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Biophys J. 2007 Mar 1;92(5):1759-69. Epub 2006 Dec 8.

The stiffness of collagen fibrils influences vascular smooth muscle cell phenotype.

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Biochemical Science Division and Manufacturing Metrology Division/National Institute of Standards and Technology, Gaithersburg, Maryland 20899, USA.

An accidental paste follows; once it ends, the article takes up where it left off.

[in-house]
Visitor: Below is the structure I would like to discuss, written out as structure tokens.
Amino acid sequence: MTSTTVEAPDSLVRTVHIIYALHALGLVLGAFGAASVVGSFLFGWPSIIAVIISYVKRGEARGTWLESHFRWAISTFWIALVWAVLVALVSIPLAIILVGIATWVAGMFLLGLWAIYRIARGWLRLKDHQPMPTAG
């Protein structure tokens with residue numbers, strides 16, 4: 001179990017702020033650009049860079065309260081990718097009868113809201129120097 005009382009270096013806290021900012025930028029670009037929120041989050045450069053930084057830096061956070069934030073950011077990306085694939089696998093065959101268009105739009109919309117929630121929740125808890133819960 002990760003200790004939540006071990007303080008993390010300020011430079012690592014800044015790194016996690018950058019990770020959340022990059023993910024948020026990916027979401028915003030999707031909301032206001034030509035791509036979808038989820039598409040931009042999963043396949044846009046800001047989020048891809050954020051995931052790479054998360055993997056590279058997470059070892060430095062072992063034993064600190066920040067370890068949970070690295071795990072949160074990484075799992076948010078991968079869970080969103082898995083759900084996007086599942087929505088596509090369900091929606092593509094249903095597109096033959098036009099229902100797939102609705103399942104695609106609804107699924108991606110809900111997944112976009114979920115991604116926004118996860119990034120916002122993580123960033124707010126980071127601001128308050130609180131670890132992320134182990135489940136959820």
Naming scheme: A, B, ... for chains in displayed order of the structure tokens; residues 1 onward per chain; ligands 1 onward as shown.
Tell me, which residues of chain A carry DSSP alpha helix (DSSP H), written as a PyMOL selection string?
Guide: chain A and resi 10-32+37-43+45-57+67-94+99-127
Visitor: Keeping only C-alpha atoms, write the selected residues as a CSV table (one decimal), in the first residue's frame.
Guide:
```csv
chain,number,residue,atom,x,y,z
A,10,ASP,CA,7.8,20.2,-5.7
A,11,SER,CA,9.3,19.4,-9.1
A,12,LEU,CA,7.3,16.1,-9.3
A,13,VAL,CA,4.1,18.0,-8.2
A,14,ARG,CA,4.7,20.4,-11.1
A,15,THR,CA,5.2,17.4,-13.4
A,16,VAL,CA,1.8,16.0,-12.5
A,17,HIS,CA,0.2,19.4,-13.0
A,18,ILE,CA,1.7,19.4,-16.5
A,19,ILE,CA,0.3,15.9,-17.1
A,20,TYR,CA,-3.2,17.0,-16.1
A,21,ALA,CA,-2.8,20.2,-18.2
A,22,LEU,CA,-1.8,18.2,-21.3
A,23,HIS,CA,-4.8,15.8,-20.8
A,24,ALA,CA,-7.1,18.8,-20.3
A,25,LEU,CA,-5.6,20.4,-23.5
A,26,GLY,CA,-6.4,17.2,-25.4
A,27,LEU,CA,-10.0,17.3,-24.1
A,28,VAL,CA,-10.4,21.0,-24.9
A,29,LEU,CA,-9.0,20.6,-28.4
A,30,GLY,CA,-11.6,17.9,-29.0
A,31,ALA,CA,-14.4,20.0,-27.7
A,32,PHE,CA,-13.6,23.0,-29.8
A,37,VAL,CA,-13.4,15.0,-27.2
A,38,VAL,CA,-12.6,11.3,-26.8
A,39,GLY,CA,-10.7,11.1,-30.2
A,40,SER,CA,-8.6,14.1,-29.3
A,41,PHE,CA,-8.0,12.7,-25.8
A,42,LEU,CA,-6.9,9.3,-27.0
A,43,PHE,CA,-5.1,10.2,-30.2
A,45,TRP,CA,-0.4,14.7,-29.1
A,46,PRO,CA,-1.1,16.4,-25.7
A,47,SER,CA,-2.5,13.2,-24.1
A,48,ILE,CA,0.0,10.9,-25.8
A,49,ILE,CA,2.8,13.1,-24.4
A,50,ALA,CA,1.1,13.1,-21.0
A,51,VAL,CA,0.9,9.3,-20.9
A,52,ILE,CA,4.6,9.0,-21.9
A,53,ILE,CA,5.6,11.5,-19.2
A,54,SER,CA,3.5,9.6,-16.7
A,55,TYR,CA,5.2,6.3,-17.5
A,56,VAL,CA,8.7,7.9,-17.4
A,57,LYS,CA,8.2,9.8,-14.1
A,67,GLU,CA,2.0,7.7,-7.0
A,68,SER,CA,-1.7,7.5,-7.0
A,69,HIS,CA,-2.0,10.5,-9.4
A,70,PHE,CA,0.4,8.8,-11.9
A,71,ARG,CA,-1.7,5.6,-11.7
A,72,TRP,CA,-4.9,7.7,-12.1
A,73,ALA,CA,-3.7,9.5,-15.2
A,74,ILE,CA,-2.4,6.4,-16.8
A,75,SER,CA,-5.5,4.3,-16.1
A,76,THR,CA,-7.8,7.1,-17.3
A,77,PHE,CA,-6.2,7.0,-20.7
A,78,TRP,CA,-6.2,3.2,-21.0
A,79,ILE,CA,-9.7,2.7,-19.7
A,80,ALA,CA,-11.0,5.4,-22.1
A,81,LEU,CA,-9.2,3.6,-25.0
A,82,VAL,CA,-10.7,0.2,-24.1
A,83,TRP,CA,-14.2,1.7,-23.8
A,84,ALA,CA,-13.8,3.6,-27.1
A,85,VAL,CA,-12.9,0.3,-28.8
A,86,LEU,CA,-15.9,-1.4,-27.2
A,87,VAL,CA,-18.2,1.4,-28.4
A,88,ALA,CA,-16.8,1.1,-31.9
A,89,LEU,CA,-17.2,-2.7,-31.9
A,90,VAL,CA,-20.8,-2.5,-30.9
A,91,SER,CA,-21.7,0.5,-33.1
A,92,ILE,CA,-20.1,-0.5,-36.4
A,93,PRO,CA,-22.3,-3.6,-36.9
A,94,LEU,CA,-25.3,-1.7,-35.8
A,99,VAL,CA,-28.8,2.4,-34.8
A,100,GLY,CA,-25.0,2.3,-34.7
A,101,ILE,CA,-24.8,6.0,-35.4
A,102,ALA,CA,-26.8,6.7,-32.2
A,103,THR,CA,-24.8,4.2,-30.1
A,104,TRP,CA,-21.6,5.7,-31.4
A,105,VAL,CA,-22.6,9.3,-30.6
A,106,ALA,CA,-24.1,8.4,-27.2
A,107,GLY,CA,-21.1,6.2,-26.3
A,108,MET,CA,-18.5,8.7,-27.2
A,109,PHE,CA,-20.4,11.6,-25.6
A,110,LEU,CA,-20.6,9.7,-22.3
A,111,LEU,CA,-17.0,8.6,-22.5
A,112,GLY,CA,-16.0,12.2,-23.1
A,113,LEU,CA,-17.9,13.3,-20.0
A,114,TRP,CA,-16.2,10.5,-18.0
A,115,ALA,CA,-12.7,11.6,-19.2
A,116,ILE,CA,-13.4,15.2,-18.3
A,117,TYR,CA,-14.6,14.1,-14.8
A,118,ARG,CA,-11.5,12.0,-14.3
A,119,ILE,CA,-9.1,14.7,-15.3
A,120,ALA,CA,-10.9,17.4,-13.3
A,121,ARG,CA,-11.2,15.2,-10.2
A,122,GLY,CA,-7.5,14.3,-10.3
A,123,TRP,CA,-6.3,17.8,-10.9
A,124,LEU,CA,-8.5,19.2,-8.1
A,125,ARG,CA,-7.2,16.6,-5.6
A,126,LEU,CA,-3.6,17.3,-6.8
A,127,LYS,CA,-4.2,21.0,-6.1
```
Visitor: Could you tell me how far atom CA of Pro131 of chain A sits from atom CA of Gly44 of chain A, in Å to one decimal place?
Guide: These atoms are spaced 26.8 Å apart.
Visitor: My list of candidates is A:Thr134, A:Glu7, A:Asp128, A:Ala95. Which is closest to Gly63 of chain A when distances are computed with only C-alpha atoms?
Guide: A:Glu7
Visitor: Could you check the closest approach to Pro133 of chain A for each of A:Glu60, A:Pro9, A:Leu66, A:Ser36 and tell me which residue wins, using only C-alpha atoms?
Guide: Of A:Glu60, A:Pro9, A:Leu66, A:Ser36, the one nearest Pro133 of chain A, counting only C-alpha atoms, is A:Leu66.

Cells receive signals from the extracellular matrix through receptor-dependent interactions, but they are also influenced by the mechanical properties of the matrix. Although bulk properties of substrates have been shown to affect cell behavior, we show here that nanoscale properties of collagen fibrils also play a significant role in determining cell phenotype. Type I collagen fibrils assembled into thin films provide excellent viewing of cells interacting with individual fibrils. Cells can be observed to extensively manipulate the fibrils, and this behavior seems to result in an incompletely spread stellate morphology and a nonproliferative phenotype that is typical of these cells in collagen gels. We show here that thin films of collagen fibrils can be dehydrated, and when seeded on these dehydrated fibrils, smooth muscle cells spread and proliferate extensively. The dehydrated collagen fibrils appear to be similar to the fully hydrated collagen fibrils in topology and in presentation of beta(1) integrin ligation sites, but they are mechanically stiffer. This decrease in compliance of dehydrated fibrils is seen by a failure of cell movement of dehydrated fibrils compared to their ability to rearrange fully hydrated fibrils and from direct measurements by nanoindentation and quantitative atomic force measurements. We suggest that increase in the nanoscale rigidity of collagen fibrils can cause these cells to assume a proliferative phenotype.

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